The DC chapter of the American Civil Liberties Union (ACLU) has filed a lawsuit against the Metropolitan Police Department (MPD) to enforce the release of missing stop-and-frisk data.
The lawsuit was filed at the DC Superior Court on February 16, after MPD did not publish any stop-and-frisk data from March 2020 through February 2021, despite its legal obligation to do so, as per a previous court order and the Freedom of Information Act (FOIA), the ACLU said in a statement.
MPD is required to collect detailed data about stop-and-frisks that its officers conduct, including the race of the person being stopped, according to the Neighborhood Engagement Achieves Results (NEAR) Act, which was enacted in March 2016.
DC police have failed to collect the required data for three years following the passage of the Act, prompting a lawsuit from the ACLU of DC, Black Lives Matter DC, and Stop Police Terror Project DC. The judge overseeing the lawsuit ruled in favor of the rights groups. Hence, MPD updated its data-collection system and committed to releasing stop-and-frisk data twice a year.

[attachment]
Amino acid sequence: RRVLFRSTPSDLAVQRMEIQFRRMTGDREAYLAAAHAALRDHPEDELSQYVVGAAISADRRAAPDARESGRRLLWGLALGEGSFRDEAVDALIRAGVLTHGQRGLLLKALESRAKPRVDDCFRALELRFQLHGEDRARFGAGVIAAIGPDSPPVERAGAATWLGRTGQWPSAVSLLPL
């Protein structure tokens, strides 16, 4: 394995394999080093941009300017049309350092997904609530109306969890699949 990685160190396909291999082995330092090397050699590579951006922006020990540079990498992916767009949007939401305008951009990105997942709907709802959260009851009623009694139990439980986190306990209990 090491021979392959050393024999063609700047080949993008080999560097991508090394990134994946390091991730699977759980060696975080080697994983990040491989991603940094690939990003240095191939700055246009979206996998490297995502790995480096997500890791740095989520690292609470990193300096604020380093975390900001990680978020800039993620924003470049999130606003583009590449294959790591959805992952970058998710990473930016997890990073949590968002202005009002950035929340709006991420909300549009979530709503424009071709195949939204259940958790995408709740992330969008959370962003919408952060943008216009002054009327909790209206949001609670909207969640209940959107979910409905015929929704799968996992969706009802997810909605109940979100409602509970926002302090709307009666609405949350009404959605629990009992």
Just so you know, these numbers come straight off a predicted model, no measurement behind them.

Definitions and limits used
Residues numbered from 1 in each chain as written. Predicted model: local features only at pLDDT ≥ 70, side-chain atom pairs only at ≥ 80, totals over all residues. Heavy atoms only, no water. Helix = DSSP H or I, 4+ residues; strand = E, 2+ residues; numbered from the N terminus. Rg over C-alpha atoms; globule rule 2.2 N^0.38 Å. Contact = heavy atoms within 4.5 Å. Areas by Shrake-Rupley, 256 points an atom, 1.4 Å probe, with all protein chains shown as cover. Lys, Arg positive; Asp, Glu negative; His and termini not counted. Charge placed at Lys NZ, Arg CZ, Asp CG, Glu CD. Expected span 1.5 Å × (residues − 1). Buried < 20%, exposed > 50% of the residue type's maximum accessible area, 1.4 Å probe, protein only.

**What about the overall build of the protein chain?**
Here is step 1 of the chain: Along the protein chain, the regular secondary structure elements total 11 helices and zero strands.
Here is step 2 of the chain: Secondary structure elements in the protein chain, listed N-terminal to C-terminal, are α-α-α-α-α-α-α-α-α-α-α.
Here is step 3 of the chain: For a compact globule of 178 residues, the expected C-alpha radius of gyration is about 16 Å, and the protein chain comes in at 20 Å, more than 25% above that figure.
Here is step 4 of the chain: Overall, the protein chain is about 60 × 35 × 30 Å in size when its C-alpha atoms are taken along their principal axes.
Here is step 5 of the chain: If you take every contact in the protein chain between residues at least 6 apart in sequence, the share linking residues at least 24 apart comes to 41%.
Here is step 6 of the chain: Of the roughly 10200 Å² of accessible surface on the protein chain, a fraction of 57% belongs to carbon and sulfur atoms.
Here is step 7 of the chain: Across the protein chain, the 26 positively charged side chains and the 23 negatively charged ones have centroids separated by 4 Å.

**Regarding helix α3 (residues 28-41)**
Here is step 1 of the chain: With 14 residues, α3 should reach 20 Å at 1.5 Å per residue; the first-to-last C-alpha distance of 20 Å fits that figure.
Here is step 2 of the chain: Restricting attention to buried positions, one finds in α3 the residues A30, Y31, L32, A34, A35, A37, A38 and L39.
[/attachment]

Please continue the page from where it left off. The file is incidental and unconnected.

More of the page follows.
After MPD failed to uphold its promise and publicly shared only six months worth of data, ACLU filed a FOIA request on January 19, 2021, requesting all NEAR Act data from January 1, 2020 onward. MPD did not respond to the request by February 10, 2021, which was the deadline, leading to the second lawsuit filed by ACLU on Tuesday, the organization stated in its release.
“While MPD drags its feet, the public’s concerns about the policing of Black people are more pressing than ever and grow more urgent each day,” the release said.
Mentioning the DC Council’s upcoming hearings on MPD’s performance oversight, budget and the confirmation for the mayor’s police chief nominee, ACLU stated “But without any stop-and-frisk data from 2020, the Council and the public will not have the necessary data to assess how MPD is doing its job and whether it is overpolicing Black people in the District.”
According to ACLU’s analysis, Black people made up 72 percent of all individuals stopped by DC police revealed in the six months of data from 2019, while they consist only 47 percent of the city’s population.
“Furthermore, 86% of stops did not lead to a warning, ticket, or arrest, and 91% of searches that did not lead to a warning, ticket, or arrest, were of Black people, supporting an inference that Black people are more likely to have been stopped by MPD without justification,” ACLU noted.